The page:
Public Donations Fund Repair of Historic Lick Observatory Dome

April 21, 1997

Author: Robert Irion

Tim Stephens
UCSC Public Information Office

MT. HAMILTON, CA: Officials at the University of California, Santa Cruz, will soon repair the dome housing Lick Observatory’s historic 36-inch refracting telescope, thanks in part to an extraordinary public response to news reports on a portion of the dome that leaks in wet weather.

To date, the observatory has received about $38,500 in donations earmarked to restore the 109-year-old structure, more than twice the goal of $18,000 for materials to fix the leaks and repaint the dome. About 250 donors have contributed money, mainly from northern California but also from seven other states--the result of Internet and wire services running the story nationally.

“We were surprised and gratified by the public response to the articles,” said Joseph Miller, director of UC Observatories/Lick Observatory and professor of astronomy and astrophysics at UC Santa Cruz. “The contributions will pay for materials and will allow the observatory to hire temporary help to repair the dome this summer,” Miller noted. If any funds remain, the observatory will direct them toward public-safety improvements inside the dome, including new fire exits and handrails.

Miller emphasized that the observatory did not intend to launch a public campaign. Rather, observatory staff solicited contributions from visitors via a sign in the lobby of the main building. A San Jose Mercury News reporter noticed the sign and wrote an article about the dome; other news organizations followed suit the next day.

“Unfortunately, these articles created the impression that the observatory has no funds for necessary repairs,” Miller said. “On the contrary, we do have funds for maintenance, but we devote them to higher priority repairs that affect the research mission of Lick Observatory. These leaks are in an area used almost entirely for public programs, rather than research.” The leaks do not threaten the structural integrity of the dome or the historic instruments inside, Miller added.

Although it is a popular tourist stop, the observatory serves primarily as a forefront research institution for University of California astronomers, Miller said. Its principal instrument, the 120-inch Shane Telescope, opened in 1959 and remains one of the world's most productive telescopes. For instance, astronomers used it and a sophisticated light-analyzing tool, the Hamilton Spectrograph, to find evidence of several new planets last year.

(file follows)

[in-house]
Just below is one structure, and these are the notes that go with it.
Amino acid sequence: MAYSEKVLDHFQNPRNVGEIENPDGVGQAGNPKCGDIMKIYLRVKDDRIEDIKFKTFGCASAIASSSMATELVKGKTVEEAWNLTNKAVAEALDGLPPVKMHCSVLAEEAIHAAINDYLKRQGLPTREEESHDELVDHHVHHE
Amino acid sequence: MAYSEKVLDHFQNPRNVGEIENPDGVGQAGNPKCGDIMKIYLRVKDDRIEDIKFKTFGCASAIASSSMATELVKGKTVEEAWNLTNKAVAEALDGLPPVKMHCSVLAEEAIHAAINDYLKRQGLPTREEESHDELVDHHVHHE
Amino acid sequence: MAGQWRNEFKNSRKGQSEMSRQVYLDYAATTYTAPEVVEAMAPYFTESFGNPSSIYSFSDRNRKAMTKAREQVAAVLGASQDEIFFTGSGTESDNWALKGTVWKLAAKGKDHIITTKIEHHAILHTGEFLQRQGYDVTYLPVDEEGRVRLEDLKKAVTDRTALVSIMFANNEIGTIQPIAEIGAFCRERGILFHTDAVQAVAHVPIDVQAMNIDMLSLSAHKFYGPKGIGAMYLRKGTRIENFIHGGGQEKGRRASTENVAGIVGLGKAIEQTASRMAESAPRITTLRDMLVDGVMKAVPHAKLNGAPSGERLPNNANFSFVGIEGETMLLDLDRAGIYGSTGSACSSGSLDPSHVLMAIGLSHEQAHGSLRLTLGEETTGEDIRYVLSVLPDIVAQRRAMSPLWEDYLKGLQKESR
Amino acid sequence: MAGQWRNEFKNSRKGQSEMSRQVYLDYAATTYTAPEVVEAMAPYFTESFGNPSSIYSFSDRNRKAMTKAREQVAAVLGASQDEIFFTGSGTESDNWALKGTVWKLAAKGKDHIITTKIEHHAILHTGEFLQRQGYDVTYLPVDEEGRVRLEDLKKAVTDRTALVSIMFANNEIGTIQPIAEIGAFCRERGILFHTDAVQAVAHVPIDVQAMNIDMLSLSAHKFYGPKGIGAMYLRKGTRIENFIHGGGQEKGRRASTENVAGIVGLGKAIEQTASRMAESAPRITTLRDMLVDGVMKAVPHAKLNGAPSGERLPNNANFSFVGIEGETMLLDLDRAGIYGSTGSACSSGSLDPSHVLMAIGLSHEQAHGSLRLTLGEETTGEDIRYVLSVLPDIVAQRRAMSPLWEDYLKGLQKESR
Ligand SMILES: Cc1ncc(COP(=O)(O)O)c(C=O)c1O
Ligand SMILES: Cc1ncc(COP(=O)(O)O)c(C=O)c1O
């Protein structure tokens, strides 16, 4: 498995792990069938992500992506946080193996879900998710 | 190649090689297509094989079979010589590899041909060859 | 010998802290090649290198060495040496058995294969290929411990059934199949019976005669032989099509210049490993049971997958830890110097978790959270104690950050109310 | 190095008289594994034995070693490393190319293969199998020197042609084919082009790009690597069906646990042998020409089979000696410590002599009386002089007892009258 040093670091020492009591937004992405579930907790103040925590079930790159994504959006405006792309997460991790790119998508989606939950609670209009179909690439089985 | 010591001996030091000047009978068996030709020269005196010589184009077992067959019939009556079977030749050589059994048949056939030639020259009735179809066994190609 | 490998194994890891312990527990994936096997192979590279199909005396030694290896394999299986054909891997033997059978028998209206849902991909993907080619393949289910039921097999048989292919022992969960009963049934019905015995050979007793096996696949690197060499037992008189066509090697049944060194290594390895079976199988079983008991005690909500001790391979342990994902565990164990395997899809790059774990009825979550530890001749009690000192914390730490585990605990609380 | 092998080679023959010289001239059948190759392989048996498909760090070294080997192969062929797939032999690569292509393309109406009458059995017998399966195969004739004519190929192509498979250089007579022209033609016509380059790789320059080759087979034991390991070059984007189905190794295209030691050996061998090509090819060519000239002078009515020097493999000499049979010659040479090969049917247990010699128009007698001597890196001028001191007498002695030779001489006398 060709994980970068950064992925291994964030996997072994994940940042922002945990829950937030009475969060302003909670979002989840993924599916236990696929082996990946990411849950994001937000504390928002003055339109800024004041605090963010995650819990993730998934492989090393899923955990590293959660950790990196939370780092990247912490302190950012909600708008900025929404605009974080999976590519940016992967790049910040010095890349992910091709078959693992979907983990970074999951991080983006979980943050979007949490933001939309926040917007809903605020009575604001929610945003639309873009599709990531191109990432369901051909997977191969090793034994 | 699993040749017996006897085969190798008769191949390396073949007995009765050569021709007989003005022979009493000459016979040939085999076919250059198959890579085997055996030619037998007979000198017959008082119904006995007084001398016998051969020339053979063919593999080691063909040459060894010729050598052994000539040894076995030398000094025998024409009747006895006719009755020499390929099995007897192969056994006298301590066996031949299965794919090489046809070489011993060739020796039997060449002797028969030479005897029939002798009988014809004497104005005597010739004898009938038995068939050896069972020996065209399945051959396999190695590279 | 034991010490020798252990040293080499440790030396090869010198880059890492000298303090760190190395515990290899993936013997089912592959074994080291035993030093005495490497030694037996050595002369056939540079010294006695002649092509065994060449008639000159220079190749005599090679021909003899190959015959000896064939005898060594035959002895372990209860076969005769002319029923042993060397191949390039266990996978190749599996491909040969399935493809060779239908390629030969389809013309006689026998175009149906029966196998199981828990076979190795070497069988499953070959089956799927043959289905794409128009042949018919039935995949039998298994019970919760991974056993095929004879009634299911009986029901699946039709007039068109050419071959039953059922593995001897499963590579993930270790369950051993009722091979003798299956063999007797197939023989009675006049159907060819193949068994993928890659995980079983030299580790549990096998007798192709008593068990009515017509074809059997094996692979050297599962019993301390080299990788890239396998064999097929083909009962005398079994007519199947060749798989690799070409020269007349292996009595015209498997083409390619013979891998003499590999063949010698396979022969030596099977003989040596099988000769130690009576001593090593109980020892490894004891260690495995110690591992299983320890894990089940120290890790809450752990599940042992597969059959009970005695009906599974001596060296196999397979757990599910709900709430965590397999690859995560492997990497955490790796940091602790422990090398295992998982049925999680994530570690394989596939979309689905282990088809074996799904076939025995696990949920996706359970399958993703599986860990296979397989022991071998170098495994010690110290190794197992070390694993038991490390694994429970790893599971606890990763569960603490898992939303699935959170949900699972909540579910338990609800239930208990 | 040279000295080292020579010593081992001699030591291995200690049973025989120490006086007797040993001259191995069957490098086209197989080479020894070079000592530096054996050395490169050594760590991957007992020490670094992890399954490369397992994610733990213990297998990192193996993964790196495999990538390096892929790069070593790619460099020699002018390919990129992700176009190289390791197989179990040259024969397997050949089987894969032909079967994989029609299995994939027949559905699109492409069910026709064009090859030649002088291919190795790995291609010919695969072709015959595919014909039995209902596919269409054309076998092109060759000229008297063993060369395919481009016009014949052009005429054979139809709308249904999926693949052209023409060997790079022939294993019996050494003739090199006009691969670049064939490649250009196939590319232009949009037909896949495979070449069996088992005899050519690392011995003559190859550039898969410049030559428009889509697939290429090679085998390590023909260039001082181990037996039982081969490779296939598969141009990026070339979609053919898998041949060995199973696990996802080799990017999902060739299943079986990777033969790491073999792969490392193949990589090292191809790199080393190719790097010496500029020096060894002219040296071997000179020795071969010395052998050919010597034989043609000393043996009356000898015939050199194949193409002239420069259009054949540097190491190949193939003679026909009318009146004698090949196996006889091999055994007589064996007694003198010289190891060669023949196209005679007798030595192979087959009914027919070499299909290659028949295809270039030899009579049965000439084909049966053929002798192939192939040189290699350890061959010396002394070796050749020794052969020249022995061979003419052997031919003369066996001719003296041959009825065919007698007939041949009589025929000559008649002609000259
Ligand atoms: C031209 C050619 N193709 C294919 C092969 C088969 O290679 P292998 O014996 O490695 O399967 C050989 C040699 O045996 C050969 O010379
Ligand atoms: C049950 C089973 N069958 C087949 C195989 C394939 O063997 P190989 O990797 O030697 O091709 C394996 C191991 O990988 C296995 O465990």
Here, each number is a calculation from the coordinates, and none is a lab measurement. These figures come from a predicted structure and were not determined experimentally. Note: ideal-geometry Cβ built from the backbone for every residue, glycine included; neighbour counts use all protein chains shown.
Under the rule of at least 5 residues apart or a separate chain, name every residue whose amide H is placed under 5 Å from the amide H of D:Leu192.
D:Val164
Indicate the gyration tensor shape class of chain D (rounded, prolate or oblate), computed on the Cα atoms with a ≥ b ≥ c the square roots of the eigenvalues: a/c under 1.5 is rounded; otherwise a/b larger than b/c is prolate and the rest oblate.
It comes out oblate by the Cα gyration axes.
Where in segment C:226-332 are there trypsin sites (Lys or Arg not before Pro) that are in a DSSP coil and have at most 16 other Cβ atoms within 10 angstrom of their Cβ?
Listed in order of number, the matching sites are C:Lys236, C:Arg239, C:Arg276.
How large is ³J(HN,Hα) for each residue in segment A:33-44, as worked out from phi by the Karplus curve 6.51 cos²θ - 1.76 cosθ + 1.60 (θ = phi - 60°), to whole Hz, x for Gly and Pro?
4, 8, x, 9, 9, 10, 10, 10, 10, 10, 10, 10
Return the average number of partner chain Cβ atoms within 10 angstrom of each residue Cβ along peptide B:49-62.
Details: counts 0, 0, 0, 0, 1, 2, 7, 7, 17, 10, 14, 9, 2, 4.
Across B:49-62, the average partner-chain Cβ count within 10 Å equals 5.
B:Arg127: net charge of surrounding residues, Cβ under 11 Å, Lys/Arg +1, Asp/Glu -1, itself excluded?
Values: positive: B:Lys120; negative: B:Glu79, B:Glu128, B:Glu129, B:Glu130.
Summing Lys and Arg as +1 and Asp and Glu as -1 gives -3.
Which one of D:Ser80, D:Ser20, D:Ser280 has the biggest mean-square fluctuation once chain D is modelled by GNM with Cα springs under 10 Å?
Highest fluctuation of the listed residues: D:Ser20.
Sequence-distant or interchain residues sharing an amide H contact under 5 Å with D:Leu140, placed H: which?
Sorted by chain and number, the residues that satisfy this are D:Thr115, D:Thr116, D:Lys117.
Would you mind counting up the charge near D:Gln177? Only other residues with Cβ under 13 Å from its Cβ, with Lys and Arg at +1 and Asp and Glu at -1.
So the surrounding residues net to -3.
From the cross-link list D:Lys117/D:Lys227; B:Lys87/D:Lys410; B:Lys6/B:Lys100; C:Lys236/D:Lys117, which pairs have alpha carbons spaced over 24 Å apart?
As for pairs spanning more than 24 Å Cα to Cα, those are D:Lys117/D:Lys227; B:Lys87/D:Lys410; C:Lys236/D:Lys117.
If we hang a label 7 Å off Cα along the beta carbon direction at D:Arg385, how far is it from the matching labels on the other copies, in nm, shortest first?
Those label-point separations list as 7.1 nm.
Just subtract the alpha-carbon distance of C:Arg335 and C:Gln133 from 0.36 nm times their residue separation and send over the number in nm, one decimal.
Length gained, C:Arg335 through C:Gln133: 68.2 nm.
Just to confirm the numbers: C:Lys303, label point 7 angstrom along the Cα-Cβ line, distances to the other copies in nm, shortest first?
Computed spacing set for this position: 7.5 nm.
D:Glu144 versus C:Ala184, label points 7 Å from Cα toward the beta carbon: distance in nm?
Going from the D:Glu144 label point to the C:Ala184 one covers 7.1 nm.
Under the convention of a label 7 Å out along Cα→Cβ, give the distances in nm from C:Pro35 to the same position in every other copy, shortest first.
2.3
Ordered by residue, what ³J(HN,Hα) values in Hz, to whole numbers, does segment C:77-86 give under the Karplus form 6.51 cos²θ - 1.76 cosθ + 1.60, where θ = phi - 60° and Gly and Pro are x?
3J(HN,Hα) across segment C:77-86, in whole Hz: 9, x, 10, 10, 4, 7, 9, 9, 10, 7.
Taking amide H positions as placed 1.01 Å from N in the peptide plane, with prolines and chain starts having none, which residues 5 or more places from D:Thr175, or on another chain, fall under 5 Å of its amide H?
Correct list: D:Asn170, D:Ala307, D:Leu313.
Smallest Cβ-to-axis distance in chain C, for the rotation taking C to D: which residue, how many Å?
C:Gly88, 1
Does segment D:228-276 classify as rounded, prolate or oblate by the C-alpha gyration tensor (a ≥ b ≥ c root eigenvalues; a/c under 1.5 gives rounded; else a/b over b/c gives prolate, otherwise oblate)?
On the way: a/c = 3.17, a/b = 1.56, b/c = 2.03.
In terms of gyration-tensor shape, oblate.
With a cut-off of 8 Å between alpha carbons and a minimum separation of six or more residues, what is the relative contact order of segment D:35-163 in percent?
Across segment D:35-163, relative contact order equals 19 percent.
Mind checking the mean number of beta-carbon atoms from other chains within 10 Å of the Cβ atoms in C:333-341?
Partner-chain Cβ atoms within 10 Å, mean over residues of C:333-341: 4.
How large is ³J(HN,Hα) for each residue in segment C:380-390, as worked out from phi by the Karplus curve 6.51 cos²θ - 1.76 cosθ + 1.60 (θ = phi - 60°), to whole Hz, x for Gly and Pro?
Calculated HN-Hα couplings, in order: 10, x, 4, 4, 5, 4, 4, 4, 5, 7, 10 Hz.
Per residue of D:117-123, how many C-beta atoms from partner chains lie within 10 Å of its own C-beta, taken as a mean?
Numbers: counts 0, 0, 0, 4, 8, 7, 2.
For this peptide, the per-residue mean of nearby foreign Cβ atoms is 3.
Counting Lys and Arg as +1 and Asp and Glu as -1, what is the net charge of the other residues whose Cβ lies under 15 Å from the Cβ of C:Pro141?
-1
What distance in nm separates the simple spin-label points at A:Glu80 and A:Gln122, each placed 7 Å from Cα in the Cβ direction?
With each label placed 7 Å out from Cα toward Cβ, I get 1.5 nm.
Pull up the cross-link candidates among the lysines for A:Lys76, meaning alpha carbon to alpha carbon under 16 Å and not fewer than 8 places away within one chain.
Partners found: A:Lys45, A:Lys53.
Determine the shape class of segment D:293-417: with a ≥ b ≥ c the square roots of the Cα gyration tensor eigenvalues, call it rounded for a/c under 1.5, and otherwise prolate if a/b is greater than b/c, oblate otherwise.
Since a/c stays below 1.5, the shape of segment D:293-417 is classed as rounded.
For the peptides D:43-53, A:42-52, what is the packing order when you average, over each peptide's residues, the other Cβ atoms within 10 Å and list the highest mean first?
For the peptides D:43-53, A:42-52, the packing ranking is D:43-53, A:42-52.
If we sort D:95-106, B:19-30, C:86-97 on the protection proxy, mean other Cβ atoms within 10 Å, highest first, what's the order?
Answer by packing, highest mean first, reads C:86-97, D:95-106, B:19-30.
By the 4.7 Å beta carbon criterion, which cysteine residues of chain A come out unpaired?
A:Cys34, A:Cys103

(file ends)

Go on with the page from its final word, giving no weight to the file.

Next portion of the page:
Public programs at Lick Observatory have grown increasingly popular since the observatory moved its headquarters to UC Santa Cruz in 1966. For two decades, a Summer Visitors Program attracted thousands of people each year to view the heavens and hear lectures. However, university budget shortfalls forced the observatory to cancel the free programs in 1991.

This year, the observatory will restore its Summer Visitors Program on five Friday nights in June, July, and August. “We recognize the growing interest in astronomy,” Miller said, “and we intend to continue expanding this visitors program with time.”

In addition, the observatory will continue its Music of the Spheres summer concert series, also on five nights. Space is limited; tickets for both events are available by mail only on a first-come, first-served basis.

The Summer Visitors Program will take place on June 27, July 11, July 25, August 8, and August 22. Ticket orders must indicate the number of tickets requested (up to a maximum of six) and rank each date in order of preference. Mail ticket requests with a self-addressed, stamped envelope to: Summer Visitors Program, P.O. Box 85, Mt. Hamilton, CA 95140.

Music of the Spheres concerts are scheduled for July 19, August 15 and 16, and September 12 and 13. Each evening includes an astronomy lecture and viewing through telescopes. Tickets are $30 each; special benefactor seats are available for contributions of $100 or more. Proceeds benefit the observatory’s public programs. A flyer listing the concerts and speakers is available by mail from: Concert, P.O. Box 85, Mt. Hamilton, CA 95140.

Editor’s Notes:

The visitors center at Lick Observatory is open to the public from 12:30 to 5 p.m. Monday through Friday and 10 a.m. to 5 p.m. on Saturdays and Sundays. For recorded information, call 831-274-5061.

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